If you were to rely solely on this approach for decarbonisation, you’d encounter some major problems. This assumes consumption on planet #2 is emissions-free – it might not be. But then..would a terraformed Mars even consider greenhouse gases a problem? But we’d have to send equipment, vehicles, habitats etc on rockets, too, which changes the angle of our payback-line slightly. Even with our seven-person flight, you’d have to pack serious supplies, which also slightly lengthens the ‘payback time’.
Knowing people as we do, it’s likely that only the wealthy would be able to afford the move – creating an interplanetary wealth disparity. These less-wealthy groups might also not be able to afford modern formats of clean-energy technology, leaving one planet subject to serious harm whilst the other prospers. This already happens – fossil fuel advocates are strongly targeting developing countries.
Using a small amount of fossil fuels to acquire a larger saving is a pretty common feature of technological decarbonisation. If you want to build a wind turbine, a solar panel or an electric car, you’re currently locked in to using energy-intensive fossil fuels to make the machine, which then offsets many more times this amount through the machine’s lifetime. Most recently, this came up around the issue of de-icing wind turbines in cold climates using a helicopter:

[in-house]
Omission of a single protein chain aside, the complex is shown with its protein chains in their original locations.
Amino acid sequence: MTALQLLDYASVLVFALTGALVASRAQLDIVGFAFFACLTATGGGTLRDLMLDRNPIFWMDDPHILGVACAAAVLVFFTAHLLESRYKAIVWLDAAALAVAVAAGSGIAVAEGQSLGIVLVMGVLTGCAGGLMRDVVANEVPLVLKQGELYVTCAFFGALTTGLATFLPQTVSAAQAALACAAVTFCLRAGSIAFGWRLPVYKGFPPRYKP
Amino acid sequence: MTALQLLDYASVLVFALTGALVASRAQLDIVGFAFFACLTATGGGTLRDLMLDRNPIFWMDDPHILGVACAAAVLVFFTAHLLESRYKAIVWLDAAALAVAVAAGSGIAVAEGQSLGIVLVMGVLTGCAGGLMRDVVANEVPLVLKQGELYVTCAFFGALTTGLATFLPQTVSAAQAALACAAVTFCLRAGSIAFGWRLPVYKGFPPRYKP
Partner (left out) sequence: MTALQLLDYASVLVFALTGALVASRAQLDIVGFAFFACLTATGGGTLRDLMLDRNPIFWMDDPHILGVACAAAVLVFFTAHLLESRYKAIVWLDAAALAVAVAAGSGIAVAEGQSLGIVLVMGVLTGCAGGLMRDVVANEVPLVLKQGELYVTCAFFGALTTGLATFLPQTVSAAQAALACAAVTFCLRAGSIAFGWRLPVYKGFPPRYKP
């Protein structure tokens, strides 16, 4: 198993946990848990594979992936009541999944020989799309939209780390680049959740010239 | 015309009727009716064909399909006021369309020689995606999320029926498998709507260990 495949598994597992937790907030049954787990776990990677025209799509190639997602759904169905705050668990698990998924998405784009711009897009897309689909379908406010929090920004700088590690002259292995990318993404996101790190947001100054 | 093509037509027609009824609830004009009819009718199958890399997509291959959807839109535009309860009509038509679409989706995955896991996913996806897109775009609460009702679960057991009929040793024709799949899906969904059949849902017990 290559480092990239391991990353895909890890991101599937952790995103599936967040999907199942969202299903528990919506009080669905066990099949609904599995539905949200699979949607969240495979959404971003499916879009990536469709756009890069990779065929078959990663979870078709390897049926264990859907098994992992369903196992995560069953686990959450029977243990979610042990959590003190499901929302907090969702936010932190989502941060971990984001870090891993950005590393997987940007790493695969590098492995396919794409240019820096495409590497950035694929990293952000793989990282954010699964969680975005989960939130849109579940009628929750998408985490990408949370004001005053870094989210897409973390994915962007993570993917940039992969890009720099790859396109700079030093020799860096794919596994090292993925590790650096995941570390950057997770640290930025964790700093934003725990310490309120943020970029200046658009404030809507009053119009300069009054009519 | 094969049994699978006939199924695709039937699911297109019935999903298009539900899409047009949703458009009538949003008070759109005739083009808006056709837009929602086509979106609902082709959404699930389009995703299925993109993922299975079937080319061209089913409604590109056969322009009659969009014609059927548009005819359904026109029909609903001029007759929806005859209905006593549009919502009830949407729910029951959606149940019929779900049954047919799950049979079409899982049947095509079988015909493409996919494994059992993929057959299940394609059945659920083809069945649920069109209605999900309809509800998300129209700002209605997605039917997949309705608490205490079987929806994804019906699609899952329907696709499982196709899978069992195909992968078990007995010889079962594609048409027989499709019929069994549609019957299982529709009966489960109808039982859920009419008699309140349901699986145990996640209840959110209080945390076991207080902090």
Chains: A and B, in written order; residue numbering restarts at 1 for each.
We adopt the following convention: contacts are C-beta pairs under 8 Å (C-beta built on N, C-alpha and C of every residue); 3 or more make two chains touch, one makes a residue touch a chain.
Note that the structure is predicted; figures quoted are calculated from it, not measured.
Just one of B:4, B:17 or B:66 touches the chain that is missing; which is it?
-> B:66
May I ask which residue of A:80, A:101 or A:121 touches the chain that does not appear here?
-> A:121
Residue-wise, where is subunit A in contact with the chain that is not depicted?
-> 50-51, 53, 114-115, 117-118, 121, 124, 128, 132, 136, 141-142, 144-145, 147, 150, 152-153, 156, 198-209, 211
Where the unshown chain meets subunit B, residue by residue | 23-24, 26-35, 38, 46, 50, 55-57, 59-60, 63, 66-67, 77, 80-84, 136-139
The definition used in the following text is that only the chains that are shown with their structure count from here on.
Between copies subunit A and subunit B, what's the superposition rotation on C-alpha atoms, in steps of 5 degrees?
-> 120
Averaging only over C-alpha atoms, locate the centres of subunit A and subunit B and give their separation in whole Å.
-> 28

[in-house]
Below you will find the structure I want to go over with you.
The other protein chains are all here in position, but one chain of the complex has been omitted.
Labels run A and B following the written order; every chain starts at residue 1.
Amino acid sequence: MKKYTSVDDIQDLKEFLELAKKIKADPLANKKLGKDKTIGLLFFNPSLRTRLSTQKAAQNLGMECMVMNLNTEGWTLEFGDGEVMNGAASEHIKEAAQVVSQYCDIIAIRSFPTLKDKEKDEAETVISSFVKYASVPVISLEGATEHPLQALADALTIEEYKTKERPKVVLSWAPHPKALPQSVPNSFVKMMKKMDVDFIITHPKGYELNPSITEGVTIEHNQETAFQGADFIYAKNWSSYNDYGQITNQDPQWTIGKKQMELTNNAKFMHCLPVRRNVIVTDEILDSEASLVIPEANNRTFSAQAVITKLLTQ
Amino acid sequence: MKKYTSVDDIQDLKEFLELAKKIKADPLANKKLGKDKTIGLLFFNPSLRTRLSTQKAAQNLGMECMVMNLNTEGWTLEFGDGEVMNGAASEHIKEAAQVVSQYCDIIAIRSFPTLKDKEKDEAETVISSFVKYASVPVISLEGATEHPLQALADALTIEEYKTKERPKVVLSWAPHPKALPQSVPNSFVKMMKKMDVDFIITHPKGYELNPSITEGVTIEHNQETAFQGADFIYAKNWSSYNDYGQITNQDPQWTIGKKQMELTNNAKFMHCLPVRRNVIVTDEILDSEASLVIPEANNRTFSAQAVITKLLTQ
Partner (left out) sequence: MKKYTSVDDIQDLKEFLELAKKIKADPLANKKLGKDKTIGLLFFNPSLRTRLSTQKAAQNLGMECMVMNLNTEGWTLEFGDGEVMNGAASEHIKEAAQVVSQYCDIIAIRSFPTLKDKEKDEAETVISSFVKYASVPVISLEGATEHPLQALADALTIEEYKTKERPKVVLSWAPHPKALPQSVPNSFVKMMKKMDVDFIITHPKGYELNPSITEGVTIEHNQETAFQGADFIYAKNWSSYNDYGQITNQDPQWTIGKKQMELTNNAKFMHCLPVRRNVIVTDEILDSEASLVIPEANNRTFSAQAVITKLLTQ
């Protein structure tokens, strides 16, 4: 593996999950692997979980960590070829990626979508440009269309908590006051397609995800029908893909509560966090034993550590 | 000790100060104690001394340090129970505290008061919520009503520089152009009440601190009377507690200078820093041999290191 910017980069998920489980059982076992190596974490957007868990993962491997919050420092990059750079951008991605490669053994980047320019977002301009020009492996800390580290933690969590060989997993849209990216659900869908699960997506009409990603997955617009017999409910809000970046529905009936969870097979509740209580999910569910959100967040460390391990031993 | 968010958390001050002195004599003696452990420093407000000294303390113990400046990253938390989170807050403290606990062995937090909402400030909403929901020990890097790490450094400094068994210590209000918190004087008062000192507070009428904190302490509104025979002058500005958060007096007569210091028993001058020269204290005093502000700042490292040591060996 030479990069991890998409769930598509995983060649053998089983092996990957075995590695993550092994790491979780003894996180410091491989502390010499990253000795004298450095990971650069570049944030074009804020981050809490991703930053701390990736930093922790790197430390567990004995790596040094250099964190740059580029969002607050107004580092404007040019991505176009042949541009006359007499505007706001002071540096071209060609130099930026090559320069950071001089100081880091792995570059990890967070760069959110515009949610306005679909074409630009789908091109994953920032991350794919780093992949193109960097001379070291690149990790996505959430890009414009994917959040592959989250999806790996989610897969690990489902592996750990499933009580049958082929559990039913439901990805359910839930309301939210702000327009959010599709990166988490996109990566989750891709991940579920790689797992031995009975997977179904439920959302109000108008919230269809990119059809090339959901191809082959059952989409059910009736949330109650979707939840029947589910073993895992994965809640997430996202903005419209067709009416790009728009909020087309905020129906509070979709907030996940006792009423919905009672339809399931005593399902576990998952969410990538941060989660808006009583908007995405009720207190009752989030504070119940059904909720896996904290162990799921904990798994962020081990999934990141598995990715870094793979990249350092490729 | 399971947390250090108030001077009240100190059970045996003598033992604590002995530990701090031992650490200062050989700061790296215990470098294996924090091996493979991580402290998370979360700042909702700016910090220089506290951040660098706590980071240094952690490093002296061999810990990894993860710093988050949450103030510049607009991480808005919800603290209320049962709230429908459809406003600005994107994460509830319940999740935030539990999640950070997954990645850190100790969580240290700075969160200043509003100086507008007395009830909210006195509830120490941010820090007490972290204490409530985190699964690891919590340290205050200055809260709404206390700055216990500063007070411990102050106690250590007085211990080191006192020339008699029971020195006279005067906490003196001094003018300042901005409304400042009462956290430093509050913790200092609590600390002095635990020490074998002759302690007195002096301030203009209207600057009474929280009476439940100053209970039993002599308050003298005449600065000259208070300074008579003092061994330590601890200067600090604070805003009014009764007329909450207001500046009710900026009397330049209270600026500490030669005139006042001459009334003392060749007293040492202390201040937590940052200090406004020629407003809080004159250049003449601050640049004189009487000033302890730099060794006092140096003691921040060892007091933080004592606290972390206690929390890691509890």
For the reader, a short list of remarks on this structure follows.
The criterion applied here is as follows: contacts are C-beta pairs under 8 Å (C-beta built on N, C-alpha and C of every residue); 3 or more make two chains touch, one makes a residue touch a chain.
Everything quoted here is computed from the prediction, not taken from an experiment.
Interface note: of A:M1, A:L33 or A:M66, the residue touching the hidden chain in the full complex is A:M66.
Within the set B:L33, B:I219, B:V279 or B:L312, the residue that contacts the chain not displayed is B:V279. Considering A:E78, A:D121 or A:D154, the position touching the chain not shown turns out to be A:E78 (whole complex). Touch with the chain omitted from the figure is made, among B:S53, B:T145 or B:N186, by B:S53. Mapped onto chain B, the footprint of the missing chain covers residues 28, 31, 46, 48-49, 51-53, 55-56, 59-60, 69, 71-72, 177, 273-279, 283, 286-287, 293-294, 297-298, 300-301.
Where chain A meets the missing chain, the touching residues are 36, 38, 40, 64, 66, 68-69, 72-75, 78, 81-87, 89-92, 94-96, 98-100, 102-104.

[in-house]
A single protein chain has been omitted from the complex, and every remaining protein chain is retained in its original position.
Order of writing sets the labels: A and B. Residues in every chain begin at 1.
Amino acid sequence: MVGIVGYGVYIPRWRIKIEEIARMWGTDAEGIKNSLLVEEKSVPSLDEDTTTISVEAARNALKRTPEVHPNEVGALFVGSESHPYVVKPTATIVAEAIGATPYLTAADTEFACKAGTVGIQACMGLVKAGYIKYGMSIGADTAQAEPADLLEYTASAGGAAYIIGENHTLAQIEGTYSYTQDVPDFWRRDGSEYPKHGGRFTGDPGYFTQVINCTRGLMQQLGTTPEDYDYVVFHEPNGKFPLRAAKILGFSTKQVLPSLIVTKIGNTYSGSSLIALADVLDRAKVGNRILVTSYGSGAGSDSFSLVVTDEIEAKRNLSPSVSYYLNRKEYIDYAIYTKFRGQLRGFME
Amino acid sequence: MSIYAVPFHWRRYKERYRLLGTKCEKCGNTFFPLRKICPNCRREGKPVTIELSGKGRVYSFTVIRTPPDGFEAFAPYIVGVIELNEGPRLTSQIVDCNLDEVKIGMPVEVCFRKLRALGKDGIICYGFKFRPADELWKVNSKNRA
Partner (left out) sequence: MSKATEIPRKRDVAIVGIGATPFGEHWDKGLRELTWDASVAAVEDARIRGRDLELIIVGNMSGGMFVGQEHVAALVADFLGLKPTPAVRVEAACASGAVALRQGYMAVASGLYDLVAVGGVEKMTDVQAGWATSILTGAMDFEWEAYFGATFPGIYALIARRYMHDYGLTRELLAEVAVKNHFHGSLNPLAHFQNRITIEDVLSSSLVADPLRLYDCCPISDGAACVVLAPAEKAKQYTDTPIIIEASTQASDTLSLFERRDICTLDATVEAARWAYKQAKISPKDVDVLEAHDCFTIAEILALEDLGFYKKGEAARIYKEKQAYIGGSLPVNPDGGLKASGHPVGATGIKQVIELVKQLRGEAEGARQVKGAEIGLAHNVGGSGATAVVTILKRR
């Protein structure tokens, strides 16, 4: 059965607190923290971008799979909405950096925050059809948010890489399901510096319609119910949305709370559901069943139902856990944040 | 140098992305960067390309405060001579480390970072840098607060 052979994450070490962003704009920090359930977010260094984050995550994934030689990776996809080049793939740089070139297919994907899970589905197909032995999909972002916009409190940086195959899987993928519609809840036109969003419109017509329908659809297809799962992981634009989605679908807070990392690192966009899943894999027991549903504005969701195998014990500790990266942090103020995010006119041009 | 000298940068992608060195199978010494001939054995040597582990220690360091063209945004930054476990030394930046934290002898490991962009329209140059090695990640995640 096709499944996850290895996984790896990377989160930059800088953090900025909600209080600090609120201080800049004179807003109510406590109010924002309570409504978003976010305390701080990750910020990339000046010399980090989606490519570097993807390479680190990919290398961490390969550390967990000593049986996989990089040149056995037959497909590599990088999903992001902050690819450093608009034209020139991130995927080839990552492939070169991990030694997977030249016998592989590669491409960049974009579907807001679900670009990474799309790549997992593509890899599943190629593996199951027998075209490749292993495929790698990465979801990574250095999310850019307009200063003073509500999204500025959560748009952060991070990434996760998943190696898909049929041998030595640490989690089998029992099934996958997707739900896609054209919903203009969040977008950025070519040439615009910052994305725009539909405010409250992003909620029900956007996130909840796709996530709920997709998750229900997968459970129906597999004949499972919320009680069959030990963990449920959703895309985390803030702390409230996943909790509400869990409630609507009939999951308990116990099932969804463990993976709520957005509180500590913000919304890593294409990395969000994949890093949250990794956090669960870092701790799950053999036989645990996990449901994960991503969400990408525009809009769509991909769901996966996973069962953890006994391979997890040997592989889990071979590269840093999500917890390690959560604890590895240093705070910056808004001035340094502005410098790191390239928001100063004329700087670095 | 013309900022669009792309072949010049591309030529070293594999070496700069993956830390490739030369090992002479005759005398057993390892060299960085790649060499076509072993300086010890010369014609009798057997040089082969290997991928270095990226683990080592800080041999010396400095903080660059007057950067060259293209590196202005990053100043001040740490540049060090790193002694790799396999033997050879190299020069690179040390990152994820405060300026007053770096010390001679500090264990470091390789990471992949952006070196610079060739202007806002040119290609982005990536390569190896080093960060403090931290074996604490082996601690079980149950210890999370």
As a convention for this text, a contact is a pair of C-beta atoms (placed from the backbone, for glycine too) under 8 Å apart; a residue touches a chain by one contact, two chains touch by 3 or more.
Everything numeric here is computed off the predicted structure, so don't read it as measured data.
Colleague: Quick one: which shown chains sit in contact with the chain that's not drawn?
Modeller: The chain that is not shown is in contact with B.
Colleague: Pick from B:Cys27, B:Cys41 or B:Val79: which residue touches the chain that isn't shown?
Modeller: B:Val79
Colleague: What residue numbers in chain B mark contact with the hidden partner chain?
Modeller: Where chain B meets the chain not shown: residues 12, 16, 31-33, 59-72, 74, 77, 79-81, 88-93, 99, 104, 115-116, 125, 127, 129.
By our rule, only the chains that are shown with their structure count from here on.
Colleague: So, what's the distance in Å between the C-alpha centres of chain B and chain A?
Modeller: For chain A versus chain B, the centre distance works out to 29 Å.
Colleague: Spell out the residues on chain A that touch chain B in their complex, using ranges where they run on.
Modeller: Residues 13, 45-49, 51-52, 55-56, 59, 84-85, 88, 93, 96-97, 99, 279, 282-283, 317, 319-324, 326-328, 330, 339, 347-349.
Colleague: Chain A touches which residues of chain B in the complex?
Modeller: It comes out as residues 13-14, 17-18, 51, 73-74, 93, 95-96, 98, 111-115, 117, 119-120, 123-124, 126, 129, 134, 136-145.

This chart seems to fit a fairly common pattern. Consider wind and solar manufacture – I used this meta-study as a source for construction emissions, and this Climate Council report as the source for Australian emissions intensity in 2011:
Australia’s emissions intensity does change slightly over time and location, but you get the idea. Critics focus on the small red rectangle, and are blind to steep green drop that occurs over the lifetime of the machine. The same thing will eventually apply to using rocket launches to reduce the strain of human beings on the Earth’s climate system – focus solely on the launch; ignore the net benefit.